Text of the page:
A computerized tomography (CT) or computerized axial tomography (CAT) scan integrates data from several X-rays to create a clear image of the body’s internal structures.
CT scans generate 2-dimensional pictures of a “slice” or body part, but the data can also be used to conduct 3-dimensional images. A CT scan can be compared to looking at a whole loaf of one slice of bread.
The CT scans are used worldwide in hospitals.
What is a CT scan?
A CT scanner emits a sequence of narrow beams across the human body as it passes through an arc. This is different from an X-ray machine which sends only one beam of radiation. The CT scan provides a more accurate final image compared to an X-ray image.
X-ray detector by the CT scanner can see hundreds of different density levels. It is able to see tissues inside a solid organ.
This data is transmitted to a computer, which creates a 3-D cross-sectional representation of the body part and displays it on the screen.
A contrast dye is often used, as it can help to display certain structures more clearly.
For example, if the abdomen needs a 3-D picture, the patient may need to drink a barium meal. On the scan the barium appears white as it passes through the digestive system.
When photos are needed lower down the body, such as the rectum, a barium enema may be given to the patient. If photos of the blood vessel are the target, they can inject a contrast agent into the veins.
With the application of Spiral CT, a fairly new technology, the precision and speed of CT scans can be enhanced. During the scanning the beam follows a spiral path so it gathers continuous data with no image gaps.
CT is a valuable tool in medicine to help in diagnosis but it is a source of ionizing radiation and can potentially cause cancer.
The National Cancer Institute is suggesting that patients address with their doctors the dangers and benefits of CT scans.
It is useful for obtaining images of:
- soft tissues
- the pelvis
- blood vessels
CT is also the best way to treat other cancers such as liver cancer, lung cancer and pancreatic cancer.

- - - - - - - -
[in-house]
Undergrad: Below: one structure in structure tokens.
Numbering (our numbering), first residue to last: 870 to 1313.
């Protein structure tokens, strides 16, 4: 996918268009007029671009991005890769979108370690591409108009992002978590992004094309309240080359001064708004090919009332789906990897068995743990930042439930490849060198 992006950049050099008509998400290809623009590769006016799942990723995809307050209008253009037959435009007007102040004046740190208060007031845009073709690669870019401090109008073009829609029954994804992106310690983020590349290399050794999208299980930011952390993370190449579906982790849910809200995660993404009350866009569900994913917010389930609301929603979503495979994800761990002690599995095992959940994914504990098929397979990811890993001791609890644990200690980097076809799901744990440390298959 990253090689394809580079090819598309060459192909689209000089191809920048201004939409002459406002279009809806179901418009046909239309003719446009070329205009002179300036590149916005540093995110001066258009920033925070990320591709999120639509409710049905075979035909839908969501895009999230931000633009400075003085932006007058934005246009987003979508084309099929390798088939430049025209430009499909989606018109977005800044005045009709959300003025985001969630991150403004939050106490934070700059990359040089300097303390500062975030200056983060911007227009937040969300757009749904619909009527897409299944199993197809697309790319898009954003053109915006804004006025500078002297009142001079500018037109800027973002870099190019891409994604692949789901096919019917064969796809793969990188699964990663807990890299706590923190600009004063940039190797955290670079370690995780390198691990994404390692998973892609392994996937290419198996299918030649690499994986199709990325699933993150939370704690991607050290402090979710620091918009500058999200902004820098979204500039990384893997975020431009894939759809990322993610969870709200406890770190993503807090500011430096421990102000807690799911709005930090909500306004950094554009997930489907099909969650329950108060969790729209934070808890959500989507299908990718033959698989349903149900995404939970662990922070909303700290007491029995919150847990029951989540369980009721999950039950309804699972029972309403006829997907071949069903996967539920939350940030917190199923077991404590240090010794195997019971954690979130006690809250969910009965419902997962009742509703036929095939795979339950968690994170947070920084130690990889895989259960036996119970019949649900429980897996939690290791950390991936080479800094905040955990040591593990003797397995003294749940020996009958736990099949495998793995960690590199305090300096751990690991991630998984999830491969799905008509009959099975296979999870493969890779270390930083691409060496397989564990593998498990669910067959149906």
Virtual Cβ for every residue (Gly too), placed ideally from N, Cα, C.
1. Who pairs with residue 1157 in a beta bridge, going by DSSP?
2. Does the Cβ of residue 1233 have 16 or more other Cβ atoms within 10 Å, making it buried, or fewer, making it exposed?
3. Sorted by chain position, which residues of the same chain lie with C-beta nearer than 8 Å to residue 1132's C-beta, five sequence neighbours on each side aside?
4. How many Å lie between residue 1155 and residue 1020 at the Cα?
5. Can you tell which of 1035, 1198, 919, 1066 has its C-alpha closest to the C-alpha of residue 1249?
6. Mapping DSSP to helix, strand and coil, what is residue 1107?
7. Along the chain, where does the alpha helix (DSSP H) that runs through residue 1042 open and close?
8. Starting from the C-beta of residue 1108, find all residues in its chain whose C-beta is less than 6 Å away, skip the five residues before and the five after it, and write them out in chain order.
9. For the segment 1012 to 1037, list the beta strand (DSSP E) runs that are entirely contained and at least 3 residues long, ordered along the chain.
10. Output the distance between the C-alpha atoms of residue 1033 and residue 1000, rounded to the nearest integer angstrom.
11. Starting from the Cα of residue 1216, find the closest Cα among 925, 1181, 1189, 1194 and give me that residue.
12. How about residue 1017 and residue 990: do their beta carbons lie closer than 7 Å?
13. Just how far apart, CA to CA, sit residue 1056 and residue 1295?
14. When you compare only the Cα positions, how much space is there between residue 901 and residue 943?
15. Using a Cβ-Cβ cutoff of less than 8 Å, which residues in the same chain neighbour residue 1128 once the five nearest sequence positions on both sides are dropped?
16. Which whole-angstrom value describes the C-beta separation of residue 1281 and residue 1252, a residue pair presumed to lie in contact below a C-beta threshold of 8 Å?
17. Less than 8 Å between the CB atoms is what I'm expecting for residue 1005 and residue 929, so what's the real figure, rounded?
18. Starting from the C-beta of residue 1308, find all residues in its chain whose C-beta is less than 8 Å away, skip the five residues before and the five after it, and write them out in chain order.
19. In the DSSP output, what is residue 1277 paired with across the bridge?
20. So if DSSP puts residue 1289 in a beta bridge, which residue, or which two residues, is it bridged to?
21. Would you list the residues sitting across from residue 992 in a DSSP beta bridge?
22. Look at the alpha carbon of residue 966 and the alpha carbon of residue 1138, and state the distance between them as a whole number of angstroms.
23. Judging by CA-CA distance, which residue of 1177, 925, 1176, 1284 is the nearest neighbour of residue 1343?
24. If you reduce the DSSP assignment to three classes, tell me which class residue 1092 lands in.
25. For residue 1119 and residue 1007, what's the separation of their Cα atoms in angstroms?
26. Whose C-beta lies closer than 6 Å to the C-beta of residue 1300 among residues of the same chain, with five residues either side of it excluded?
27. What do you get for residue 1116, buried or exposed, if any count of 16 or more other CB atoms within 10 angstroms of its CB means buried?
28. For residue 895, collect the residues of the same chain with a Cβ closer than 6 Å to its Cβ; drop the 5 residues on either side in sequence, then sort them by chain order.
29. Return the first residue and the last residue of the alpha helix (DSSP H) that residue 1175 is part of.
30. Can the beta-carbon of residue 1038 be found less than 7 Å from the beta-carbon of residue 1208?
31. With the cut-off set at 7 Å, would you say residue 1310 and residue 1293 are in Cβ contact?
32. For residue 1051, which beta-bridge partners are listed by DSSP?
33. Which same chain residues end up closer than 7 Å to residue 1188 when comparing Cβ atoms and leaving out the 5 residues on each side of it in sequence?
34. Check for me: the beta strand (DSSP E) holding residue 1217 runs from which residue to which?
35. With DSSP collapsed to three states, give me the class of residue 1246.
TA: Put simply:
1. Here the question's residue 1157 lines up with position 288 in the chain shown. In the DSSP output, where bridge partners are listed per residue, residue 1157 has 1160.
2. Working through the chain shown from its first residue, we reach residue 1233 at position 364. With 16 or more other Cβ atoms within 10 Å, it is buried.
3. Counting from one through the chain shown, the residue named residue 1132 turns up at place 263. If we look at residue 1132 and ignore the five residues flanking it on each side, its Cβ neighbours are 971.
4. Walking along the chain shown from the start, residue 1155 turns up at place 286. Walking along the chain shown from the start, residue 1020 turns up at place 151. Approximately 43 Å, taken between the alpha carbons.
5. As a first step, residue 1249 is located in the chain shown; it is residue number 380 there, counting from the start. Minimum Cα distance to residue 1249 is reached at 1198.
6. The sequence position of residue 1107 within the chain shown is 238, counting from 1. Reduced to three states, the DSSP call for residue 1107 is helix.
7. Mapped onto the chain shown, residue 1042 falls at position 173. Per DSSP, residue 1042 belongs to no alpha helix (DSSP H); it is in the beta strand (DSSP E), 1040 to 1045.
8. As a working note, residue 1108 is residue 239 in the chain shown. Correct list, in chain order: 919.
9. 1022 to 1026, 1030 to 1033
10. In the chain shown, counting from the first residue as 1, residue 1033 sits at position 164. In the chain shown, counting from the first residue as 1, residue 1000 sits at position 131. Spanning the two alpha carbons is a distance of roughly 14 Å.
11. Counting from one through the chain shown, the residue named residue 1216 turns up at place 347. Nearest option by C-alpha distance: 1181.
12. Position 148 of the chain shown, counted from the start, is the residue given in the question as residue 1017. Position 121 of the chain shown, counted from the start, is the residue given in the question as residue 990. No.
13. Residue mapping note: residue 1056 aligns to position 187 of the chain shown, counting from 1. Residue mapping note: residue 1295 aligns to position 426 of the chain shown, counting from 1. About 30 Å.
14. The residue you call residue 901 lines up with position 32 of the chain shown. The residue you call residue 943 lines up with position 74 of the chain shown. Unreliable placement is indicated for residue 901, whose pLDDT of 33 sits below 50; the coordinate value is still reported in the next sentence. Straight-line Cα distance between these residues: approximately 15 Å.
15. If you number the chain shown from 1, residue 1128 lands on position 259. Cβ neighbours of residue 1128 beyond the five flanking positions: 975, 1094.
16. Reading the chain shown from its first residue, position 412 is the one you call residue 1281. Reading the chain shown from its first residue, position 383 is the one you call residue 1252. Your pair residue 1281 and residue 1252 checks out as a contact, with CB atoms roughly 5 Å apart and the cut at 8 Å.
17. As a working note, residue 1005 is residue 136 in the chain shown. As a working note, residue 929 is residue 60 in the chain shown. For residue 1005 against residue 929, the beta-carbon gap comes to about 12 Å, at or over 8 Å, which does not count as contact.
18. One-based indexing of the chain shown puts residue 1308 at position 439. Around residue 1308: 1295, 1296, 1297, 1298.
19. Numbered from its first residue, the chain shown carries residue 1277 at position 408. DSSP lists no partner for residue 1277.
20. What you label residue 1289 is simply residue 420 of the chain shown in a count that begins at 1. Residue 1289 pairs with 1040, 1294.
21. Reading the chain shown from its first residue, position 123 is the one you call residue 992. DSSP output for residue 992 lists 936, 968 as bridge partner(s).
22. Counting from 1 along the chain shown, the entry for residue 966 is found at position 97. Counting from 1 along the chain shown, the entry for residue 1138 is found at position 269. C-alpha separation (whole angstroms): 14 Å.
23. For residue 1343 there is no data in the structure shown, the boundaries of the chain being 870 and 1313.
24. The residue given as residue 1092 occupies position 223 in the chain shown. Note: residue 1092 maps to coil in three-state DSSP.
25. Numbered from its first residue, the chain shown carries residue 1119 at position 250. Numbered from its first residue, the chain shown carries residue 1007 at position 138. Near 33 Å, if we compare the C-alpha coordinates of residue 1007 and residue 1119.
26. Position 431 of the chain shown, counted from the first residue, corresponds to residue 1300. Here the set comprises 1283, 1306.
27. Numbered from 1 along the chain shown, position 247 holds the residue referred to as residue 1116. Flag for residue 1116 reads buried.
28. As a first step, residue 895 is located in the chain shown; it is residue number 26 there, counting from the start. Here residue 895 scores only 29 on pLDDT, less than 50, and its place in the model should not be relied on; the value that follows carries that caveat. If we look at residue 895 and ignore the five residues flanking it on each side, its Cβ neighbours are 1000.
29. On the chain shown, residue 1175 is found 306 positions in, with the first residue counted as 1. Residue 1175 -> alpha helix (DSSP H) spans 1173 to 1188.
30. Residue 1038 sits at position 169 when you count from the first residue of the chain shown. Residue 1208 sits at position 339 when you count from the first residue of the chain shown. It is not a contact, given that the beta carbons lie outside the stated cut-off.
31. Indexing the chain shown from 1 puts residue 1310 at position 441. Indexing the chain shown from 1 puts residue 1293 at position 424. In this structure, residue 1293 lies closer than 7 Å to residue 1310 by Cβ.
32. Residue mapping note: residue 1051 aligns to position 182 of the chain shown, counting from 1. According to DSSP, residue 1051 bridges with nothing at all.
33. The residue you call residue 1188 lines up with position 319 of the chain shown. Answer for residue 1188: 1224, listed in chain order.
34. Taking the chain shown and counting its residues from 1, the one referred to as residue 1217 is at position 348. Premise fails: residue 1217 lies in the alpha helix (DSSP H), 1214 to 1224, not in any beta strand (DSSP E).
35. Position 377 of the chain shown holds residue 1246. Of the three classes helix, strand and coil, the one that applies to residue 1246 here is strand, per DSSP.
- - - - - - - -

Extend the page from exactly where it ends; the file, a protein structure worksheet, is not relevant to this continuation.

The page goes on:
The picture helps a physician to confirm a tumor’s existence and position, its size and how much it has infected surrounding tissue.
For example, a scan of the head may provide valuable brain information when there is bleeding, artery swelling, or a tumor.
A CT scan will show a tumor in the abdomen, and any inflammation or swelling in surrounding internal organs. It may exhibit spleen, kidney, or liver lacerations.
It is useful for preparing areas for radiotherapy and biopsies, since a CT scan identifies irregular tissue, which can provide important data on blood flow and other vascular conditions.
It will help a doctor determine bone disorders, bone density and the patient’s spine condition.
It may also provide the hands, feet, and other structural structures of a patient with essential data about injuries. And small bones, and their underlying tissue, are clearly evident.
CT versus MRI
The main differences between CT and MRI are:
- A CT scan uses X-rays, but an MRI uses magnets and radio waves.
- Unlike an MRI, a CT scan does not show tendons and ligaments.
- MRI is better for examining the spinal cord.
- A CT scan is better suited to cancer, pneumonia, abnormal chest x-rays, bleeding in the brain, especially after an injury.
- A brain tumor is more clearly visible on MRI.
- A CT scan shows organ tear and organ injury more quickly, so it may be more suitable for trauma cases.
- Broken bones and vertebrae are more clearly visible on a CT scan.
- CT scans provide a better image of the lungs and organs in the chest cavity between the lungs.
The patient may need to abstain from food for a limited duration before the exam, and probably drink.
On the day